Add drywall to the growing list of toxic imports from China. Today a report from the largest investigation in the history of the US Consumer Product Safety Commission has cited 10 Chinese manufactures as sources of sulfur-laden drywall found in thousands of homes constructed in the United States between 2005 and 2009, when a post-Katrina building boomed created a run on drywall and forced builders to seek out new suppliers.
Today's featured Invention Award winner is SmartSight, a gun-cam system that lets soldiers see around corners and shoot targets without entering the line of fire.
The Rolling Green hills of Sonora, California, no longer lure prospectors with the promise of gold, but for Matthew Hagerty the draw is just as powerful: They're a secluded hideaway ideal for perfecting his military invention, called SmartSight. Ten years in the making, SmartSight is a gun-cam system that allows a soldier to see around corners and shoot targets without putting himself in the line of fire.
It’s midnight. You’re a cop patrolling the wrong side of town when you spot a mugging. The assailant is about 40 feet away, out of range of your stun gun. You shout, but he darts down an alley. It’s a dead end. The crook picks up a bottle, hurls it at your head, and makes a break for the street. You draw your gun.
Thirty-two years after the birth of the world's first test-tube baby, artificial conception has never been more popular or successful. Today, up to 3 percent of infants born in the U.S. owe their existence to assisted reproductive technology, or ART. The majority is overwhelmingly healthy, but new research from scientists at Temple University and other institutions suggests the technique is not without its long-term risks.
When it comes to viruses, especially the serious kind that can make you bleed from your eye sockets and wipe out entire villages, most people naturally prefer to keep their distance. Not Nathan Wolfe. The 39-year-old epidemiologist has spent the past 10 years hunting them down in the jungles of Southeast Asia and sub-Saharan Africa. By collecting thousands of blood samples from wild animals and the people who live in close contact with them, Wolfe and his team have uncovered new viruses related to HIV and smallpox. He's even documented how these animal-borne killers leap to humans, with blood serving as a vector in transmitting viruses from slaughtered animals to hunters.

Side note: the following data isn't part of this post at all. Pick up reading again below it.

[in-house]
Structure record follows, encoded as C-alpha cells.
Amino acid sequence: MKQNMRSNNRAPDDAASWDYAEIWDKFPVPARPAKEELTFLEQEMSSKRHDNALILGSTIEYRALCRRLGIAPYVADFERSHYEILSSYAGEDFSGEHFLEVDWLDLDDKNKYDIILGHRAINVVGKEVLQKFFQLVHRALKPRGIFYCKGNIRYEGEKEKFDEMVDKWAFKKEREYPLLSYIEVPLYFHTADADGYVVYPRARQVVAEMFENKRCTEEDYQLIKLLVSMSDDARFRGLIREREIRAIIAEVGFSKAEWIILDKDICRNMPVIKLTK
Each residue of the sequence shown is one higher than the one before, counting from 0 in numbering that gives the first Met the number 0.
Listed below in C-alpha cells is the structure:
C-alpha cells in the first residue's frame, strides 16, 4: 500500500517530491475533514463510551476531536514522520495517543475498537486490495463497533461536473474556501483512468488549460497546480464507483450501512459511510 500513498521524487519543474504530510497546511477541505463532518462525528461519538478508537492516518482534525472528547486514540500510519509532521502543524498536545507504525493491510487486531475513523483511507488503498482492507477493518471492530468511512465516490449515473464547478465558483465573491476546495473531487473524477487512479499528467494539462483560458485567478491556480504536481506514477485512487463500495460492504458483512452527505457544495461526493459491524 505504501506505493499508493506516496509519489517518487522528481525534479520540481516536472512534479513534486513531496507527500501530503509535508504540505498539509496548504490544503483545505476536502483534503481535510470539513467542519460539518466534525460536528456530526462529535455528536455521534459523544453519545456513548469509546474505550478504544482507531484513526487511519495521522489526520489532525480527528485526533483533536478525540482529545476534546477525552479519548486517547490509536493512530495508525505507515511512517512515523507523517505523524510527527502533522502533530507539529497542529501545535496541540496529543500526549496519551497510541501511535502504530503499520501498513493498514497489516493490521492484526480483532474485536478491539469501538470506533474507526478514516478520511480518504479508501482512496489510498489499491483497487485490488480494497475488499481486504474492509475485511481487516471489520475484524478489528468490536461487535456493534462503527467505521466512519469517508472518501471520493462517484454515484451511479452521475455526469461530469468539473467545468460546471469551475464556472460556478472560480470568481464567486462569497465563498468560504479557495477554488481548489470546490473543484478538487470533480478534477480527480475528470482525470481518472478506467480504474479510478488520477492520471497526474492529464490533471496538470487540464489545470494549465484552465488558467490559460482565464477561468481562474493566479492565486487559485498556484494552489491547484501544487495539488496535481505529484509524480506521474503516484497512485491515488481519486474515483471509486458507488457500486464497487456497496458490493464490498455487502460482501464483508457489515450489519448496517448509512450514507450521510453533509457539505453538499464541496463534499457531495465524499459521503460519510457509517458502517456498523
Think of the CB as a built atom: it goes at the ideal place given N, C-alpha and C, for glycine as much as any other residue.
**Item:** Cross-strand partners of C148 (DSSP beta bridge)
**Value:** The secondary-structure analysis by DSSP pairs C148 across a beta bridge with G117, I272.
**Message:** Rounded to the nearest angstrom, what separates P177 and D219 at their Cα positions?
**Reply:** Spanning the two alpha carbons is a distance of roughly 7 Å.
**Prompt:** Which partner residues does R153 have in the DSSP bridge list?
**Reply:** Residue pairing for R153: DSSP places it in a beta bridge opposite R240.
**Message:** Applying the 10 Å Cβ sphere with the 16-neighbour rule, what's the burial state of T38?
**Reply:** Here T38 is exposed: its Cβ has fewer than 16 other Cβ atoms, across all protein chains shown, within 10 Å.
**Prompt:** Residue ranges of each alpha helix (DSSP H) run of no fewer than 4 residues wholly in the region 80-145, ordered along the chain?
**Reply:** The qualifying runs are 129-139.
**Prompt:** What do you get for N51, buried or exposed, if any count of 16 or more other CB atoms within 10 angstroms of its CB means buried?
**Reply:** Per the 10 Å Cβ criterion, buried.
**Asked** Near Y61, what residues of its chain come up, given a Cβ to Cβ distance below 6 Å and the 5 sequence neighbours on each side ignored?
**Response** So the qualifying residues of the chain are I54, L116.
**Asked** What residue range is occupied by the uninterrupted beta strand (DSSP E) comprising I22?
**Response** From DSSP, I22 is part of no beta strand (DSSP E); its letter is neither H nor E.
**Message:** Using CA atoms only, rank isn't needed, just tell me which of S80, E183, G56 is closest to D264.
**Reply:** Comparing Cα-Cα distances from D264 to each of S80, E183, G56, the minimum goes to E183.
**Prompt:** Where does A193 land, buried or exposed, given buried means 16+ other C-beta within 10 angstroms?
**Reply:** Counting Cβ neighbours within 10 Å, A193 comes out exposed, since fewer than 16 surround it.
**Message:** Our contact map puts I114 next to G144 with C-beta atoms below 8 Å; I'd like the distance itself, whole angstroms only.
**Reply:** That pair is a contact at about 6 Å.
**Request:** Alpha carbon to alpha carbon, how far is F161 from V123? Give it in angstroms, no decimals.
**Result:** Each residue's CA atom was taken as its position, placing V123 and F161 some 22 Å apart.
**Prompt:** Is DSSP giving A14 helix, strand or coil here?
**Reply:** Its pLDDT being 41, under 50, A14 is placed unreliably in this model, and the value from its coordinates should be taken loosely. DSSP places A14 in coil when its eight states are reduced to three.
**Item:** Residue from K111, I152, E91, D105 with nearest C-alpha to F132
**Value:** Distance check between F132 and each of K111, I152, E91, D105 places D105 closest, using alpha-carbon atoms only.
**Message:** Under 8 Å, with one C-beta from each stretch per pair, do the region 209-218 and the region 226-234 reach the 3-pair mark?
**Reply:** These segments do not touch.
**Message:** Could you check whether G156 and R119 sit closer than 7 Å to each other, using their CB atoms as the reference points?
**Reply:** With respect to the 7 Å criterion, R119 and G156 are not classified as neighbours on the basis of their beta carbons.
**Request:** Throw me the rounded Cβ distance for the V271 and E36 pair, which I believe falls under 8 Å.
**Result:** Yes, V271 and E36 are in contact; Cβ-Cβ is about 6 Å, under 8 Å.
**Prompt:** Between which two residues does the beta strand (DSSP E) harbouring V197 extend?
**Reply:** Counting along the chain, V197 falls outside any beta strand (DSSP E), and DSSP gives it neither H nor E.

Nicole Dyer is back, masterfully merging the ever-popular "Science Confirms the Obvious" series with her favorite new artform, SciKu (an instant cult classic).
Check out her latest brainchild (after the jump), and add your own 17 syllable sciku as a comment; it will live on forever on PopSci.com.
Can drooling make you a better kisser? Scientific evidence suggests that wet, sloppy smooches pack a bigger biochemical punch than dry kisses and thus may be more likely to lead to sex and reproduction, says Rutgers University researcher Helen Fischer, who spoke today at the AAAS conference in Chicago.